• are pregnant or plan to become pregnant. It is not known if LATUDA will harm your unborn baby. Talk to your health care provider about the risk to your unborn baby if you take LATUDA during pregnancy
    • Tell your health care provider if you become pregnant or think you are pregnant during treatment with LATUDA
    • If you become pregnant during treatment with LATUDA, talk to your health care provider about registering with the National Pregnancy Registry for Atypical Antipsychotics. You can register by calling 1-866-961-2388 or going to http://womensmentalhealth.org/clinical-and-research-programs/pregnancyregistry/
  • are breastfeeding or plan to breastfeed. It is not known if LATUDA passes into your breast milk. Talk to your health care provider about the best way to feed your baby during treatment with LATUDA

The most common side effects of LATUDA include:

  • Adults with schizophrenia: sleepiness or drowsiness; restlessness or feeling like you need to move around (akathisia); difficulty moving, slow movements, or muscle stiffness; and nausea
  • Adolescents (13 to 17 years) with schizophrenia: sleepiness or drowsiness; nausea; restlessness or feeling like you need to move around (akathisia); difficulty moving, slow movements, muscle stiffness, or tremor; runny nose/nasal inflammation; and vomiting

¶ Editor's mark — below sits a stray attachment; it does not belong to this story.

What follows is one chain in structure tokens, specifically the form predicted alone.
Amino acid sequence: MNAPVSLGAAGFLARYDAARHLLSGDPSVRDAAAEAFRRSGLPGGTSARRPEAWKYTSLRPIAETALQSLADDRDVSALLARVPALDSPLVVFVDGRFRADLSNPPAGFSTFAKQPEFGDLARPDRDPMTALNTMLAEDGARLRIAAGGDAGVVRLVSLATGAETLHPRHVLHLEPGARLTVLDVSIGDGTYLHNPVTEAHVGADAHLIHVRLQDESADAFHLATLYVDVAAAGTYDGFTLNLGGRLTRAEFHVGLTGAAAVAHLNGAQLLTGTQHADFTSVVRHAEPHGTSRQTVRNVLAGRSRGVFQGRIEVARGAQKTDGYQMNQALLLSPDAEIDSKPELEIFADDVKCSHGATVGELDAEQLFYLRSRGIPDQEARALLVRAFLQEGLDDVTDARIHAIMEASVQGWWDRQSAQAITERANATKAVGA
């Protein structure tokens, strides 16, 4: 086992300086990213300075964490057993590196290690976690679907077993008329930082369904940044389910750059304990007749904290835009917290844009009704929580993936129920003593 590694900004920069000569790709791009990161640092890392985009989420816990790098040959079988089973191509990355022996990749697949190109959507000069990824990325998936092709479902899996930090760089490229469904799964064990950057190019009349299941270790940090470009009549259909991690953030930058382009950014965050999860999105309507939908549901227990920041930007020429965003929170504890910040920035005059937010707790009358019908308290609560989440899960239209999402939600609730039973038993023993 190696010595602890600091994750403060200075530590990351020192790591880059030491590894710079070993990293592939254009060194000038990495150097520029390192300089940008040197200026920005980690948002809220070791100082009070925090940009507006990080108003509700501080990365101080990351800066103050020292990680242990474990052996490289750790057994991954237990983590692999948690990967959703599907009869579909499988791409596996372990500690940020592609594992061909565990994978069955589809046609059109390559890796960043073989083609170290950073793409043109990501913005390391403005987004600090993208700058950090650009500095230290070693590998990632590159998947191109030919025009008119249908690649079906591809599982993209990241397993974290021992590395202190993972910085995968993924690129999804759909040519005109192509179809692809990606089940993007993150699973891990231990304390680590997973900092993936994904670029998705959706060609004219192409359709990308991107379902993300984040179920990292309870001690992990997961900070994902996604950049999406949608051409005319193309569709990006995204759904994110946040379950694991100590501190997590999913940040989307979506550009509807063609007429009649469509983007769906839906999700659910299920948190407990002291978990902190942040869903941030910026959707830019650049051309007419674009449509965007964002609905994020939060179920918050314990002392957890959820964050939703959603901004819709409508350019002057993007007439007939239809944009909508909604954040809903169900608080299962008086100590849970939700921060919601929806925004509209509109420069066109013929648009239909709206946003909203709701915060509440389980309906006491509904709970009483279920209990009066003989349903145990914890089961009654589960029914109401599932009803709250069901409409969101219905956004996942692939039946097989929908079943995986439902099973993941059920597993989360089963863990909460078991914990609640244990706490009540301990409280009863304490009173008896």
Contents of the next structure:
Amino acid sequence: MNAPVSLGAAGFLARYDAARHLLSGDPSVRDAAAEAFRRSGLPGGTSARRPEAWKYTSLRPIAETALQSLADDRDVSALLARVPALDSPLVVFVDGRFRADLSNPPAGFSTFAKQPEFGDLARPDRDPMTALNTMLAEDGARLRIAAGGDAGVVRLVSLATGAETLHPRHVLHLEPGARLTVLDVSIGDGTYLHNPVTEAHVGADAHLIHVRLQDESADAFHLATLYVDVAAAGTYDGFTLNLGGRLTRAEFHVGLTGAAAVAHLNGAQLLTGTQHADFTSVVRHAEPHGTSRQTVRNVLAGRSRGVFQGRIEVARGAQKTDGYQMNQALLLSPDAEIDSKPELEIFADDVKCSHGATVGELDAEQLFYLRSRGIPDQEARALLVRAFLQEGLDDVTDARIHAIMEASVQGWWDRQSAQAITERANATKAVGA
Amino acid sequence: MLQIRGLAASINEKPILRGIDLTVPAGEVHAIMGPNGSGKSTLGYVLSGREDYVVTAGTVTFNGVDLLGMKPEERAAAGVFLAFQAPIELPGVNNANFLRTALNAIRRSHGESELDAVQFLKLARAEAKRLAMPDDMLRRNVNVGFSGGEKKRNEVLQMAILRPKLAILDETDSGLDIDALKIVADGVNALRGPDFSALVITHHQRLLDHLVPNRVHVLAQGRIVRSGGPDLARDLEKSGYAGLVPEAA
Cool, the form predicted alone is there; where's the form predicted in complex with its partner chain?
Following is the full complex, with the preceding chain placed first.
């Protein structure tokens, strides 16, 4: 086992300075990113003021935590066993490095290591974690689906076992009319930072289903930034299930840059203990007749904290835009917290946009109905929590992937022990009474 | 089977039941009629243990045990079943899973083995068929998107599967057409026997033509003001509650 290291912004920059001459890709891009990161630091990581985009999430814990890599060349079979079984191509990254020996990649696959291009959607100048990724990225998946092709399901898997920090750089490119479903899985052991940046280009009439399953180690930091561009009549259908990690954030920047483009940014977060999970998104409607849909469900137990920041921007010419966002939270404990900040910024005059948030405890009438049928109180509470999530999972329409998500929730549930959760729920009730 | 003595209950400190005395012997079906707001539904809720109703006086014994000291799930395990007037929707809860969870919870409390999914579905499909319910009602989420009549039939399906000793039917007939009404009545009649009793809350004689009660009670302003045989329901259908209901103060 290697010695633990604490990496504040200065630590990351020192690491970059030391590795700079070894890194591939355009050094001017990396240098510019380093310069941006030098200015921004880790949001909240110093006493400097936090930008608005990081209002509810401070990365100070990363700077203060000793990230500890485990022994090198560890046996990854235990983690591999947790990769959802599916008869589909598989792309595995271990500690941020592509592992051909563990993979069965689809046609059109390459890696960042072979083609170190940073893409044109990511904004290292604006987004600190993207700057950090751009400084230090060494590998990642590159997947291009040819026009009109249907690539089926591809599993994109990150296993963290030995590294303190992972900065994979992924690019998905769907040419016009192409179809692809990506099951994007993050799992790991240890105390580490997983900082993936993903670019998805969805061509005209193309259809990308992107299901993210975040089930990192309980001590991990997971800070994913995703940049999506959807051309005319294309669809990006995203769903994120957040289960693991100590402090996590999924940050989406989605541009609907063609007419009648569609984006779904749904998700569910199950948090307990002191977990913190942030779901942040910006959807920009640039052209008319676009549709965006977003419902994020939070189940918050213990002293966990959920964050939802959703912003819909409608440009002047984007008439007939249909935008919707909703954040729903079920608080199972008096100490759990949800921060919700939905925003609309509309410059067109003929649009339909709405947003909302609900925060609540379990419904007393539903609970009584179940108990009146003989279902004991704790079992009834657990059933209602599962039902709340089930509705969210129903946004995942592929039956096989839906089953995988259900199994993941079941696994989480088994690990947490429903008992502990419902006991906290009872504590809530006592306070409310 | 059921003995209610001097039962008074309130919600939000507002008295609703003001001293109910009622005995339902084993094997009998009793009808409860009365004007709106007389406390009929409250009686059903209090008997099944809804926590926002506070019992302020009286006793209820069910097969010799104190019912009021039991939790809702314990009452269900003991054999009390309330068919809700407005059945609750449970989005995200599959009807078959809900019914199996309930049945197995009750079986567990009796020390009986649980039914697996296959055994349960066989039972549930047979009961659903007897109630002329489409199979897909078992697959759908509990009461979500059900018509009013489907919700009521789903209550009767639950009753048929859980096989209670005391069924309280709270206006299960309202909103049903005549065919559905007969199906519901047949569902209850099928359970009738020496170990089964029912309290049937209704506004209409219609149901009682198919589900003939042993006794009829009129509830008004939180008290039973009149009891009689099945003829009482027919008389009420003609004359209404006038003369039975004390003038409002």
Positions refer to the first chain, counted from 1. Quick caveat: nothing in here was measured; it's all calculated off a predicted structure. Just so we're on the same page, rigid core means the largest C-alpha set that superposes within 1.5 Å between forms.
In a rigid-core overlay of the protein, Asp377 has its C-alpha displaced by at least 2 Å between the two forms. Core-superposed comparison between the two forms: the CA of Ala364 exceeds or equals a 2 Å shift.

• Adults with bipolar depression: restlessness or feeling like you need to move around (akathisia); difficulty moving or slow movements; and sleepiness or drowsiness
  • Children (10 to 17 years) with bipolar depression: nausea; weight gain; and problems sleeping (insomnia)

These are not all the possible side effects of LATUDA. For more information, ask your health care provider or pharmacist.

You are encouraged to report negative side effects of prescription drugs to the FDA. Visit www.fda.gov/medwatch or call 1-800-FDA-1088.

About Sunovion Pharmaceuticals Inc. (Sunovion)
Sunovion is a global biopharmaceutical company focused on the innovative application of science and medicine to help people with serious medical conditions. Sunovion’s vision is to lead the way to a healthier world. The company’s spirit of innovation is driven by the conviction that scientific excellence paired with meaningful advocacy and relevant education can improve lives. With patients at the center of everything it does, Sunovion has charted new paths to life-transforming treatments that reflect ongoing investments in research and development and an unwavering commitment to support people with psychiatric, neurological and respiratory conditions.

Headquartered in Marlborough, Mass., Sunovion is an indirect, wholly-owned subsidiary of Sumitomo Dainippon Pharma Co., Ltd. Sunovion Pharmaceuticals Europe Ltd., based in London, England, and Sunovion Pharmaceuticals Canada Inc., based in Mississauga, Ontario, are wholly-owned direct subsidiaries of Sunovion Pharmaceuticals Inc. Additional information can be found on the company’s websites: www.sunovion.com, www.sunovion.eu and www.sunovion.ca. Connect with Sunovion on Twitter, LinkedIn, Facebook and YouTube.

About Sumitomo Dainippon Pharma Co., Ltd.